President Boyd K. Packer has taught “that our spirit and our body are combined in such a way that our body becomes an instrument of our mind and the foundation of our character” … If you are physically able, decide today to be the master of your own house and begin a regular, long-term exercise program, suited to your abilities, combined with a healthier diet. Spiritual confidence increases when your spirit, with the help of the Saviour, is truly in charge of your natural man or woman.

There were other aspects of the talk that touched my spirit but this section caused me to think that maybe I had been making excuses for too long and my physical body needed some nurturing, with effort. When our daughter expressed she really wanted to do more exercise my husband began jogging with her but his own commitments disrupted establishing a routine. I knew I had to be the one to support her. We enjoy similar activities, are similar stature, enjoy starting the day early (at dawn). We’ve agreed a simple route, round the big block, jogging and, on occasion, we’ll take the bikes.

So that is my story of where I am now. We do not have a scale at home but we’re using dress sizes – 2 sizes down is my target – that will get me to my marriage size. I know everyone will have a different story and reasons which I respect – I hope you can respect mine.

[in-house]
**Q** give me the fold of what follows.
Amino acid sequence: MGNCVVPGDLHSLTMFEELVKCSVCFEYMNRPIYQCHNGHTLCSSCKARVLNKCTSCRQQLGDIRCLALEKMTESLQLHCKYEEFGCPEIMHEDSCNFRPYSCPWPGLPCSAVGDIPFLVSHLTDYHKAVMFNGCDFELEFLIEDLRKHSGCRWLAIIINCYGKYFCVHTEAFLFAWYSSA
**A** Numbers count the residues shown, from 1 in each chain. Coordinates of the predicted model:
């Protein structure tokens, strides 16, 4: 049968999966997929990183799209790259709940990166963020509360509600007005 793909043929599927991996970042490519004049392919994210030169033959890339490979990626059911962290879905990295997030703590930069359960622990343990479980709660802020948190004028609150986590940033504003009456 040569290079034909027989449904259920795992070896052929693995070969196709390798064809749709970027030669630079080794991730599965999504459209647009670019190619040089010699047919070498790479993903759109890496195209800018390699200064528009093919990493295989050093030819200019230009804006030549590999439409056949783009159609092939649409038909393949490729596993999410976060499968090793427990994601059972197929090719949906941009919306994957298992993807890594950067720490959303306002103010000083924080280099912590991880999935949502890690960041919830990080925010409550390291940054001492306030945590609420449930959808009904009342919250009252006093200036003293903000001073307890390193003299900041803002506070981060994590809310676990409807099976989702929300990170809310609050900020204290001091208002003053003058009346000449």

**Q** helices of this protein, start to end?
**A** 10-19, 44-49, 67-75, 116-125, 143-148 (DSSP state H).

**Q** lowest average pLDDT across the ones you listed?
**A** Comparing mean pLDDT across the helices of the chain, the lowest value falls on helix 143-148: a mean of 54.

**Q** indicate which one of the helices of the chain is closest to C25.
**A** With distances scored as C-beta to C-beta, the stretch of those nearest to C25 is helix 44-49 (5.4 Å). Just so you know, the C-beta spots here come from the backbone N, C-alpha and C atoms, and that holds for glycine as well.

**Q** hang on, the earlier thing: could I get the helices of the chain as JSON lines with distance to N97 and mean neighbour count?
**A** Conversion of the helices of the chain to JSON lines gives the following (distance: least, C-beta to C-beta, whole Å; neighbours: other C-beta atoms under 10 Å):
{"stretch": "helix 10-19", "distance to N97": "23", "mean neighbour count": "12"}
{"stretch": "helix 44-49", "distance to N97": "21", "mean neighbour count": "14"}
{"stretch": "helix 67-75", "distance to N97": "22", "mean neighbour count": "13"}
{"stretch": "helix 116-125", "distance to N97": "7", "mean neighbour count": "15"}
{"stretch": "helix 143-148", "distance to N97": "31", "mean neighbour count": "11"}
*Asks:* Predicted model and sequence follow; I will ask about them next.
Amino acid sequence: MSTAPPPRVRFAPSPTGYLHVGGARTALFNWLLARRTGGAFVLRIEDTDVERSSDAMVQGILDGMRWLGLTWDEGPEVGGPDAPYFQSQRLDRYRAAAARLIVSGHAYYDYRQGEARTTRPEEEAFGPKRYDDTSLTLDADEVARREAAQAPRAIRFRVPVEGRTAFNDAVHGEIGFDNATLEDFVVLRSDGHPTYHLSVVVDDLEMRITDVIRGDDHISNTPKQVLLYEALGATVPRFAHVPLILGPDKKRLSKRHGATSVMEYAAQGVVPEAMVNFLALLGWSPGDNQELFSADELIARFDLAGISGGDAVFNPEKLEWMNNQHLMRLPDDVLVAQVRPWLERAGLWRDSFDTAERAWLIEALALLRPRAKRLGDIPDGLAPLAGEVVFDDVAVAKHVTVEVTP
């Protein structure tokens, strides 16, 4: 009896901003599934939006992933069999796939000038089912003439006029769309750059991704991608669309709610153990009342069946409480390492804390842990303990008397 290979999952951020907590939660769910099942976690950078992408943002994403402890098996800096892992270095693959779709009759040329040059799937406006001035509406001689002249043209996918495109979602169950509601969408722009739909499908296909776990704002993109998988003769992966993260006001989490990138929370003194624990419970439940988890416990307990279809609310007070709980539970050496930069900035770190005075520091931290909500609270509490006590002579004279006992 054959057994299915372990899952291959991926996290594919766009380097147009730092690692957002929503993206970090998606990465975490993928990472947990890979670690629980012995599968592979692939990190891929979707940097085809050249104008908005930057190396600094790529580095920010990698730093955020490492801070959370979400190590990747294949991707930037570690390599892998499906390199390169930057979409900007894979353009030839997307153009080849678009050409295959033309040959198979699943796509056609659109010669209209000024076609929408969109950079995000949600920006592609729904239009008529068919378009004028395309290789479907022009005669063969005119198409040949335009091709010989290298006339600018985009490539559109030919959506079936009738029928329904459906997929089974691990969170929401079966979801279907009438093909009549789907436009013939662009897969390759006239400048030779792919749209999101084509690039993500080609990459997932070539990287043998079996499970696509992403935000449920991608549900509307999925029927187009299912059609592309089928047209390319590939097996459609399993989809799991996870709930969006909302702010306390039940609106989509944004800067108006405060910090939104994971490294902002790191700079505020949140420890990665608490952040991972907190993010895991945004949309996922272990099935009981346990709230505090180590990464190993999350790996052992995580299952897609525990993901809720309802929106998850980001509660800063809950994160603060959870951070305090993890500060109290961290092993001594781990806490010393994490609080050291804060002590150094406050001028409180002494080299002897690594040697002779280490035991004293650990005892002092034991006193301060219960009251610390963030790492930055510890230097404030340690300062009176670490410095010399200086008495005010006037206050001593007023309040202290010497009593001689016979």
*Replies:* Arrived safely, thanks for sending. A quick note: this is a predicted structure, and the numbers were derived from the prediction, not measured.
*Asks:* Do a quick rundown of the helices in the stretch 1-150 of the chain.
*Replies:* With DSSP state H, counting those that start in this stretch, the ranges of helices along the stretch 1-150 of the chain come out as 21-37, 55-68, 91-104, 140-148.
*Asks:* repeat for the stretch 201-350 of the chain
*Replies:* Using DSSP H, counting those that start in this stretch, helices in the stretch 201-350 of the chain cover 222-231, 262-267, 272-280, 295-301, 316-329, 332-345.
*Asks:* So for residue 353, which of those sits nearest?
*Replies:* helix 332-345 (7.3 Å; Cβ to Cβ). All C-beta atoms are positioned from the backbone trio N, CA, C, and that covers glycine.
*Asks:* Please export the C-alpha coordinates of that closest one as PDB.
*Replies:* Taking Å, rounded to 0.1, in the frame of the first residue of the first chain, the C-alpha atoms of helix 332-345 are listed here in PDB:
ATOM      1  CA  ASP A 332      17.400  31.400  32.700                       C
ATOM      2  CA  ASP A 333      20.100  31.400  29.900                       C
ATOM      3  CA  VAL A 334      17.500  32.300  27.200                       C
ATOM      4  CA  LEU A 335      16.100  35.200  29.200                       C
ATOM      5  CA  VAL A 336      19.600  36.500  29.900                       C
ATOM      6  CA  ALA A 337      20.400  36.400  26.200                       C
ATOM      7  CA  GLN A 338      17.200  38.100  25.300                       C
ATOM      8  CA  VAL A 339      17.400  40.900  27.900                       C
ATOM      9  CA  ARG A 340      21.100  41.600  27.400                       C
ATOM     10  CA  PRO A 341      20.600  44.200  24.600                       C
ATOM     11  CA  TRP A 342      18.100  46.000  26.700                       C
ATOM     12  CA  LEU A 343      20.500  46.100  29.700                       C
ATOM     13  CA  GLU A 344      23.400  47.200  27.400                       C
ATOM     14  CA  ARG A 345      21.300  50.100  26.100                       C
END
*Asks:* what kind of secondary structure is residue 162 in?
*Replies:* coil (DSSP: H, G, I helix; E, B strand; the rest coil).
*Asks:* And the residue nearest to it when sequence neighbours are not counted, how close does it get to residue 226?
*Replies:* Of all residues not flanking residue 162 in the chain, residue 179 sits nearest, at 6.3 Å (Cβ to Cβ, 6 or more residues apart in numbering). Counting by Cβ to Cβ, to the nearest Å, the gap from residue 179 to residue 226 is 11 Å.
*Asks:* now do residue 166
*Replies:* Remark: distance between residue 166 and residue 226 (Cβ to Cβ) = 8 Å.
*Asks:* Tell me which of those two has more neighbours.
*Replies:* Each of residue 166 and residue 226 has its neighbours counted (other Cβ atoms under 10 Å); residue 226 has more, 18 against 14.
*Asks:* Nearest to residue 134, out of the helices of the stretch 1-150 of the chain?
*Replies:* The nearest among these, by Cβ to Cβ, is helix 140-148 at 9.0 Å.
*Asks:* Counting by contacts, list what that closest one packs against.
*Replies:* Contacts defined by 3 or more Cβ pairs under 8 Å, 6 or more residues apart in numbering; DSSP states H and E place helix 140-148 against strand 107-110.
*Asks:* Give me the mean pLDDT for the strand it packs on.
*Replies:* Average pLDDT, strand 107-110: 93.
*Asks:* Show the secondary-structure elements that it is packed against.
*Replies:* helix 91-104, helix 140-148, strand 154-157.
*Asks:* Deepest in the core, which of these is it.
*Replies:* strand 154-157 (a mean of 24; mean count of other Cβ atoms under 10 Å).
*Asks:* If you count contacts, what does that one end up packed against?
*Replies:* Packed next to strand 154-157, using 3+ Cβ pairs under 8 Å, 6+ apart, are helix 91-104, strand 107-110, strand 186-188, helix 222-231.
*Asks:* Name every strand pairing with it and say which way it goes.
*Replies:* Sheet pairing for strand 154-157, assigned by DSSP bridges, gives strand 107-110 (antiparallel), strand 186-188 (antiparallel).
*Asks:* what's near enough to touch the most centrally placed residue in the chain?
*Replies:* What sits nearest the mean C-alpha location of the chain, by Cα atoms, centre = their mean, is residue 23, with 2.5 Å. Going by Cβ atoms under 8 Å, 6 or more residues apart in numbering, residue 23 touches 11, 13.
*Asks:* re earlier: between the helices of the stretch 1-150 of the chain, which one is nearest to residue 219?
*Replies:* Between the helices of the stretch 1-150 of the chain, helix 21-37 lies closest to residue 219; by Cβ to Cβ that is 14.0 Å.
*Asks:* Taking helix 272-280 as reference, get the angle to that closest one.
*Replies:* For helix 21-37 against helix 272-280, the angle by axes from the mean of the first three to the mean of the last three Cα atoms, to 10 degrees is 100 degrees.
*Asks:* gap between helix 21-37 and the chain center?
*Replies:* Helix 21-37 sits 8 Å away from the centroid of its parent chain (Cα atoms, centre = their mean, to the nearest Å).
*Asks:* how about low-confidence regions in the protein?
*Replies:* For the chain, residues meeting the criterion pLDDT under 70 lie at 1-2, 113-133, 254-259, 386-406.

I’ve never really run before – not since coming last in the 1500m at sports day during my first year at secondary school! – but I’ve always loved how joggers,  runners,  seem to enjoy a total freedom.  Time for themselves, within the world, but not quite part of it, doing their own thing.  I started doing this for my dear daughter but now I’m genuinely enjoying it for me.  It suits my budget, my time availability, and my hair 😉

“Uptown Funk”

Dear friends,
What is this music phenomenon?
This evening my dear husband called me from the kitchen to hear our dear children “serenade” him with this song (Mark Robson ft. Bruno Mars)!! I still can’t work out how our youngest (son), at seven years old knows the lyrics – they play it at school in dance club!
I first heard this song on the radio a few months back when our eldest son stated:

It’s from this century!